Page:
Optimization of the substrate structure for SEF
In order to find the design with the maximum fluorescence enhancement factor, metal-coated substrates with different silver thicknesses (t = 30 or 50 nm) and spacer distances (d = 0–50 nm) were prepared. Different incidence angles (θ) together with different polarization states (p-pol or s-pol) of the laser beam were tested. These optimization tests were done using a benchtop setup (Supplementary Fig. 1), after which we created a portable mobile phone SEF microscope that is based on the optimal design (Fig. 1).
In the benchtop experimental setup, the laser beam direction was fixed, where the mobile phone and the samples were rotated in order to investigate the angle-dependent fluorescence enhancement effect. To do that, the mobile phone stood vertically at the center of a rotating breadboard (RBB18A, Thorlabs) (Supplementary Fig. 1). Samples (silver-coated substrates together with the hemisphere) were held by a 3D precision stage, which was also immobilized on the same rotating board. The excitation laser (473 nm, 120 mW, Laserglow Technologies) was set on the optical table, pointing to the center of the rotating broad. To find the optimal illumination angle for each substrate design, the stage was rotated with 2-degree increments over a large range of incidence angles (e.g., from 40° to 78°). Mobile phone images of fluorescent objects were then taken at every angular position that is tested.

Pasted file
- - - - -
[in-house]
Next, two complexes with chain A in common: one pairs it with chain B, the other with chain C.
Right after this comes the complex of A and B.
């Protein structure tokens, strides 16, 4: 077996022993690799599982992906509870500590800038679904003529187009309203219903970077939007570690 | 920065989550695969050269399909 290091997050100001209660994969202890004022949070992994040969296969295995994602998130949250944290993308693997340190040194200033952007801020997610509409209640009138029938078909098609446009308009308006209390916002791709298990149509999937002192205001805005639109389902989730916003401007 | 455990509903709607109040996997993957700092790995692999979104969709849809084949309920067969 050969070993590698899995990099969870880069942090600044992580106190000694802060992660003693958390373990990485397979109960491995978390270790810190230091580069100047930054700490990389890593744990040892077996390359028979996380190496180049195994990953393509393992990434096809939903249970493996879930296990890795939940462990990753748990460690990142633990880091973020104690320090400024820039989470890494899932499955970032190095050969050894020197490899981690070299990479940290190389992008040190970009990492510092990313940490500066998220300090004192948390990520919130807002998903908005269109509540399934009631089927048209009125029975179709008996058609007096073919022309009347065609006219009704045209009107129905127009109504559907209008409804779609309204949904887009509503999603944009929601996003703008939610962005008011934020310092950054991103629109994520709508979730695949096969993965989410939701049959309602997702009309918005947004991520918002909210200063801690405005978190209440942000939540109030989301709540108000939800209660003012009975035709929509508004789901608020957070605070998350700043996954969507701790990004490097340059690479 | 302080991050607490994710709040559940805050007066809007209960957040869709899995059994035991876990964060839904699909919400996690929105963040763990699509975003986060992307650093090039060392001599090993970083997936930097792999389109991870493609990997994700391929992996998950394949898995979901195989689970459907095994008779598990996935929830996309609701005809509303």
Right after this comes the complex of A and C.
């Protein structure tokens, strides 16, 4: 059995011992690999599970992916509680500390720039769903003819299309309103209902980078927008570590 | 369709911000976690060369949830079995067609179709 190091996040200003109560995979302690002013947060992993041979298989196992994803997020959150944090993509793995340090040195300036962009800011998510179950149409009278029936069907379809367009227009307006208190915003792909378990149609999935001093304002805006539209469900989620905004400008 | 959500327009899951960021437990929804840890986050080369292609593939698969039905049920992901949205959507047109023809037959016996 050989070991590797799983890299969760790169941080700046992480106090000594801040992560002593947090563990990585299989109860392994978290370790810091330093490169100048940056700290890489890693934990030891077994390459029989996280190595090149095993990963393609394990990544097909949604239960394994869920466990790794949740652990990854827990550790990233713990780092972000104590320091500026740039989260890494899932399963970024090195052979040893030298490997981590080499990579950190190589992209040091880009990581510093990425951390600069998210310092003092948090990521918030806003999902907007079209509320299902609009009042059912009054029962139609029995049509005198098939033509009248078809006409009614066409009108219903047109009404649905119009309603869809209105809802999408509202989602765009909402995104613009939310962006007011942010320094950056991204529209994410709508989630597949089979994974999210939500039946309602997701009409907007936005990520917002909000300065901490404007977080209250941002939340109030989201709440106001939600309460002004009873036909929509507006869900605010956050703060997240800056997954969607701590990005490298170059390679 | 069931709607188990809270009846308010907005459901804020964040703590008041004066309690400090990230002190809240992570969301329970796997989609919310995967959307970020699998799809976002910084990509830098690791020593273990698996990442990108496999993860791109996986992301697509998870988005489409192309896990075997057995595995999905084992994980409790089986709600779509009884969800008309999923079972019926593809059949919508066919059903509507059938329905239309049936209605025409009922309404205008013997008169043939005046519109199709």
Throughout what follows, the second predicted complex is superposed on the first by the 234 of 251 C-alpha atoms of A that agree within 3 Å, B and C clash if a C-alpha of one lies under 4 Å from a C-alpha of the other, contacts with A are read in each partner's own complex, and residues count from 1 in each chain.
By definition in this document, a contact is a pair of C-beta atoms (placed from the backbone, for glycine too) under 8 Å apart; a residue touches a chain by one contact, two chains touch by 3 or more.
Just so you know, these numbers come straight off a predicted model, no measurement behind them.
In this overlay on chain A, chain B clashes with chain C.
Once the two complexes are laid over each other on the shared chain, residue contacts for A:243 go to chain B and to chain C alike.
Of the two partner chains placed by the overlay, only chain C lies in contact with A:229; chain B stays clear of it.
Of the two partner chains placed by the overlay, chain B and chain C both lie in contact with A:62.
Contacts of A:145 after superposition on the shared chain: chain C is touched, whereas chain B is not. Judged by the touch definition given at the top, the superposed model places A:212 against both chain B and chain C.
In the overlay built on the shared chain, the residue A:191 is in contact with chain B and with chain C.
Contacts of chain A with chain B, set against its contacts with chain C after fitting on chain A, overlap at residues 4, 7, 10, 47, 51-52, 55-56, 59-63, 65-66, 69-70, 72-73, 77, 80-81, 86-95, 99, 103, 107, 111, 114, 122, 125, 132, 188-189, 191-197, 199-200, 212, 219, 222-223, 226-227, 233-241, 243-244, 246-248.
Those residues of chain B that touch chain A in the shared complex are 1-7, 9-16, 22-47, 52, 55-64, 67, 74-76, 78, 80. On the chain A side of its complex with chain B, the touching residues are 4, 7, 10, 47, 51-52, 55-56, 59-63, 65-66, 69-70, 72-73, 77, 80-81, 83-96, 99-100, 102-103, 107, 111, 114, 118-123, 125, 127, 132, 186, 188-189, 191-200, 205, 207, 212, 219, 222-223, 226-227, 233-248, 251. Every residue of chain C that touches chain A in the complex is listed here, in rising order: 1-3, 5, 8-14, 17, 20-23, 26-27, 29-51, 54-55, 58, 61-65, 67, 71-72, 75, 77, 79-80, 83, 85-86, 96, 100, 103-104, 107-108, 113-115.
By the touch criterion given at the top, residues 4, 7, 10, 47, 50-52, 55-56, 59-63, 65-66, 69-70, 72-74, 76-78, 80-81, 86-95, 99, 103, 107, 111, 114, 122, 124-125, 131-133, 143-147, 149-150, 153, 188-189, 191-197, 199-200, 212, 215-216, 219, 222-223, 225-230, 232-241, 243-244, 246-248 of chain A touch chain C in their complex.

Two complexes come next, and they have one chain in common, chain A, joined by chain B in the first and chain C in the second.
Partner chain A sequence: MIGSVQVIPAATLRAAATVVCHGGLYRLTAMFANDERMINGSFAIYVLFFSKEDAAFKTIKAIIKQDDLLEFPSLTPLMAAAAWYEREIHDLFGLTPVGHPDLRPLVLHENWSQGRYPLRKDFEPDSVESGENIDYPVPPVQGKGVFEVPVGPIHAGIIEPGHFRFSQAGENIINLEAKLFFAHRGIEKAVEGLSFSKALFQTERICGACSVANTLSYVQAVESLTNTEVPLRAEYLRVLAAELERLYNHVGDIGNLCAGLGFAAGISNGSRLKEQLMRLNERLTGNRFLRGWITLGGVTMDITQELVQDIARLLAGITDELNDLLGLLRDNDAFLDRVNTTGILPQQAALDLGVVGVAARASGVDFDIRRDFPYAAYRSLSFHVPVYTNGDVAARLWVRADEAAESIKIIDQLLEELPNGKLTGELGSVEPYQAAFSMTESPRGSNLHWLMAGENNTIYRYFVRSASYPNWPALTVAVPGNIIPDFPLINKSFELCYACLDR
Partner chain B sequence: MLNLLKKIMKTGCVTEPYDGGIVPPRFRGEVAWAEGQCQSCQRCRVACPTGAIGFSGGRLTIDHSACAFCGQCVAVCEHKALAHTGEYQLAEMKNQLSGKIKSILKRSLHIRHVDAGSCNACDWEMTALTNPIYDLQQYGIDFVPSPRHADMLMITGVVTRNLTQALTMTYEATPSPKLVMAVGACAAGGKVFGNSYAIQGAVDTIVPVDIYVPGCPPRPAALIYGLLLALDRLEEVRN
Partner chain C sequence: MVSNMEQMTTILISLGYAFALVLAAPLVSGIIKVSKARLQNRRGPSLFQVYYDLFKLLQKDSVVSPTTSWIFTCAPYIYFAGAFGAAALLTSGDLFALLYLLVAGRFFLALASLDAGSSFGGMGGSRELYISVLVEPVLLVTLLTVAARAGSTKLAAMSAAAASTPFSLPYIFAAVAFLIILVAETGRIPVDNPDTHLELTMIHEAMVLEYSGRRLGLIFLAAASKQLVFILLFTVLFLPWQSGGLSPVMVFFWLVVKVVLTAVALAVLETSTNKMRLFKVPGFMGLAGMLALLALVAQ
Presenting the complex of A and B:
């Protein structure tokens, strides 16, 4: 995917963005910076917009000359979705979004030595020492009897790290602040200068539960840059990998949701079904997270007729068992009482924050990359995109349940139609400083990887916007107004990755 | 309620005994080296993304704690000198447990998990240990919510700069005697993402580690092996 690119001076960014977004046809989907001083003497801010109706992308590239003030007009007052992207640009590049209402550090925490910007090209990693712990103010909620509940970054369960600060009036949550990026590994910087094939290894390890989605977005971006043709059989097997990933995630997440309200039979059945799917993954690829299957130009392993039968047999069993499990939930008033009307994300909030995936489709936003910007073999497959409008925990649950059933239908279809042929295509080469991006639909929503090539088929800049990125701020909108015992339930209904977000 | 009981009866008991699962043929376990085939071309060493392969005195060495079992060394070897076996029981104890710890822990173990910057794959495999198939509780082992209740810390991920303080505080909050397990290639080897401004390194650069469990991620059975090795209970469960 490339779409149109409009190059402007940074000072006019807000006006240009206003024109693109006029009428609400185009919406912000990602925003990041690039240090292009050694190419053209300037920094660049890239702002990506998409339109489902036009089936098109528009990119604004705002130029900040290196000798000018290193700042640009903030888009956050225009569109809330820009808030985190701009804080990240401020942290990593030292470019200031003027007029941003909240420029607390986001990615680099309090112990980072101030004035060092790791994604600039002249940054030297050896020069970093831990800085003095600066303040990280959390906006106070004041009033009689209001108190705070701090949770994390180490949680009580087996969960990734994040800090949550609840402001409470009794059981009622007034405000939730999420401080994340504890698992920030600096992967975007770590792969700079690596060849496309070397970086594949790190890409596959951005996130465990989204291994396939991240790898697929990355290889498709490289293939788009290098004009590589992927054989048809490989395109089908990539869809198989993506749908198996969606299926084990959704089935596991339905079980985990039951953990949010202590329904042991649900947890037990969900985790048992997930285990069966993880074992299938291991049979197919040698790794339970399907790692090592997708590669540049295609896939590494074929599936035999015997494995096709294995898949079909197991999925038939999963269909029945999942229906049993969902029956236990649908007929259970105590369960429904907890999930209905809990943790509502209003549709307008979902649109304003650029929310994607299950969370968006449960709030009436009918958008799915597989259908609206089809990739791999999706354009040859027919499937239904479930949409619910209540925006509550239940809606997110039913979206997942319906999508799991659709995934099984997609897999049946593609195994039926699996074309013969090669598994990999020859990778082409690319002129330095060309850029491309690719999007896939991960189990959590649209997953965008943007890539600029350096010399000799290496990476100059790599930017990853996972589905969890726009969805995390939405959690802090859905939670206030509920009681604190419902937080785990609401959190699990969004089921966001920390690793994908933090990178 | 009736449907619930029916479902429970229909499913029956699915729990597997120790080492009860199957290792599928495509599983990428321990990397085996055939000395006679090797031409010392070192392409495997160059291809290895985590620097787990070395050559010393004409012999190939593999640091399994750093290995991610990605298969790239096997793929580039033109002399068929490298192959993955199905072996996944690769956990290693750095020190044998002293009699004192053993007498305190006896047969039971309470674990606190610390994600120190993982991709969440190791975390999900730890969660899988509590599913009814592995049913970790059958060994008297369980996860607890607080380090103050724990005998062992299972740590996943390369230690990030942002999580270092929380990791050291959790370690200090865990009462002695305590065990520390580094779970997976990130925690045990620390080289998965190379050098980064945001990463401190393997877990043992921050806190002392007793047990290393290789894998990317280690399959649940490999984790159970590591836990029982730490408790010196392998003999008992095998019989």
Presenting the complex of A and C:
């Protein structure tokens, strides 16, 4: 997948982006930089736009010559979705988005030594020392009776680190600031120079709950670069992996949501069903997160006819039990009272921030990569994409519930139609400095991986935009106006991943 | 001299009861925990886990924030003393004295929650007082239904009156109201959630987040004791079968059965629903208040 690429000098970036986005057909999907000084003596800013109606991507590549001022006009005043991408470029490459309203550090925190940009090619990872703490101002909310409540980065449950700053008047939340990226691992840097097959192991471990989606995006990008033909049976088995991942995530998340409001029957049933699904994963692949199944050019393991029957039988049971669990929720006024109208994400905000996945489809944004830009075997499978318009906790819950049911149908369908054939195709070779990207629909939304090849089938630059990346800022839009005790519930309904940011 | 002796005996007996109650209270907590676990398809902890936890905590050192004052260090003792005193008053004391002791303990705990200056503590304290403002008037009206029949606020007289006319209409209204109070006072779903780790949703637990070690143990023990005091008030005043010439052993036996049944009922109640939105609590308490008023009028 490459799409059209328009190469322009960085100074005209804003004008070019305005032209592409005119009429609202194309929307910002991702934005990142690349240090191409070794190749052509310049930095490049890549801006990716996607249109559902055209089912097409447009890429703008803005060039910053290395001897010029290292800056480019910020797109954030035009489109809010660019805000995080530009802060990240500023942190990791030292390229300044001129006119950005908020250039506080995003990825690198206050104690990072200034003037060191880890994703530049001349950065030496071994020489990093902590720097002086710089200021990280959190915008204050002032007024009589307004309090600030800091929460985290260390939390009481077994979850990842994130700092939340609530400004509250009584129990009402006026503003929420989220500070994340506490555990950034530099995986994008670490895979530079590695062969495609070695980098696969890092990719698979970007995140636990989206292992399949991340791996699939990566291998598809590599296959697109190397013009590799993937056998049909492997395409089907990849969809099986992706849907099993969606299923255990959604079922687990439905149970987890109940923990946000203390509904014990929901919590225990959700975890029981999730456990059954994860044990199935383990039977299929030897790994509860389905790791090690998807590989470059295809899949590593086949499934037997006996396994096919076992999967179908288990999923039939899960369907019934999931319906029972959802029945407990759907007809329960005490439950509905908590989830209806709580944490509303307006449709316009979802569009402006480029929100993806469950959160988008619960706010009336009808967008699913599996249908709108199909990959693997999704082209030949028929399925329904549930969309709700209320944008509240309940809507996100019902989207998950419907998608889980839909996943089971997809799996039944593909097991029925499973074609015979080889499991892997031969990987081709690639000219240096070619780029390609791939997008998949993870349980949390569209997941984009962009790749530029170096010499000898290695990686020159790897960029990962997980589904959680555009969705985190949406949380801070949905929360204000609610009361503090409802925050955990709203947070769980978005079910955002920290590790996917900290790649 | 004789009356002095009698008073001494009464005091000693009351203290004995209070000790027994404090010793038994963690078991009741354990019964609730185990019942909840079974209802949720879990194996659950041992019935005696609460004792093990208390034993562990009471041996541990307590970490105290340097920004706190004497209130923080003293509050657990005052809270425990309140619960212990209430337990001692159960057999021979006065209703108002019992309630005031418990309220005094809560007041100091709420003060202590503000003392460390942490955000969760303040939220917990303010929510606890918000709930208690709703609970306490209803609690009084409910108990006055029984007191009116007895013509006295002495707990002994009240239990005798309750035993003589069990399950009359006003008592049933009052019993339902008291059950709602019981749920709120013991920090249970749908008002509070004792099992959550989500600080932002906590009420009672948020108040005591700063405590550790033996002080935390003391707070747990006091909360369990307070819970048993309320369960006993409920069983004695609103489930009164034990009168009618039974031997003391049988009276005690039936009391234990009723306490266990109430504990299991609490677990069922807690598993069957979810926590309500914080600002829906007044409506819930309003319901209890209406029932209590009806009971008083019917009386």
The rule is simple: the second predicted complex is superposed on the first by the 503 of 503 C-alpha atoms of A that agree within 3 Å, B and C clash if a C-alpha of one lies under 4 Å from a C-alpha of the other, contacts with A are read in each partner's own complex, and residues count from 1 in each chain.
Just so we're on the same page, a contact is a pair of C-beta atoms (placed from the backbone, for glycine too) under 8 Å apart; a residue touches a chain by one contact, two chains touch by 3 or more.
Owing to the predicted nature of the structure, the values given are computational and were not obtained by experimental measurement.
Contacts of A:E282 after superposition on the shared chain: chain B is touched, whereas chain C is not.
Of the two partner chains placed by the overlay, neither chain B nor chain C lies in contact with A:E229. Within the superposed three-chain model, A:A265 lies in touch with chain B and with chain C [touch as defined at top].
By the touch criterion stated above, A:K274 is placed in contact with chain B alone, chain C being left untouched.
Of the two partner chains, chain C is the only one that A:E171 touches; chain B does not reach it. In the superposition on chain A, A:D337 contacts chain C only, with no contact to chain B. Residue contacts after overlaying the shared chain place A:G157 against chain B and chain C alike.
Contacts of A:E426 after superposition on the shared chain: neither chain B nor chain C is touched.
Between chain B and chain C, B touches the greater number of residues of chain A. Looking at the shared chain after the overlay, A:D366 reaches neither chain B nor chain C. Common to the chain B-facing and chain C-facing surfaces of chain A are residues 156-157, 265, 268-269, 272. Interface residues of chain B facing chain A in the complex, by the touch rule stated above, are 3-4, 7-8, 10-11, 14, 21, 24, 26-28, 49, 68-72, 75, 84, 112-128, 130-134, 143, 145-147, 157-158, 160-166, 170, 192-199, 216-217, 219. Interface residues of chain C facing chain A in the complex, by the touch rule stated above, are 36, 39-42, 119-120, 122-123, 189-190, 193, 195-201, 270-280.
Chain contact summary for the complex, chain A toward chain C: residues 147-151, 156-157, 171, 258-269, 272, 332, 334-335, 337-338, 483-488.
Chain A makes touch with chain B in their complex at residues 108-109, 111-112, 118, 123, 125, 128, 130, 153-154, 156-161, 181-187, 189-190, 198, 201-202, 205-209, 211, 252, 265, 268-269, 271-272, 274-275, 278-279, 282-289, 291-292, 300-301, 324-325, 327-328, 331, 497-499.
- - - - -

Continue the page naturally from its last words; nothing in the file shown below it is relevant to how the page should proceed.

Smartphone based imaging of individual 50 nm beads and QDs
Both 50 nm fluorescent beads (Fluoro-Max G50, 468/508 nm) and QDs (Qdot® 625 streptavidin conjugates) were purchased from Thermo Fisher Scientific. Stock fluorescent bead solutions were diluted 105 times in deionized water, and QDs were diluted 104 times in 1x TAE (Tris-acetate-EDTA) buffer, respectively. Small scratches were deliberately made on the metal film as location markers in order to find the same regions on a benchtop microscope that is used for image comparison purposes. 1.5 μL of each diluted solution was then pipetted onto a metal-coated substrate and dried under room temperature. A bandpass filter of 645/75 nm (Olympus) was used for imaging of QDs.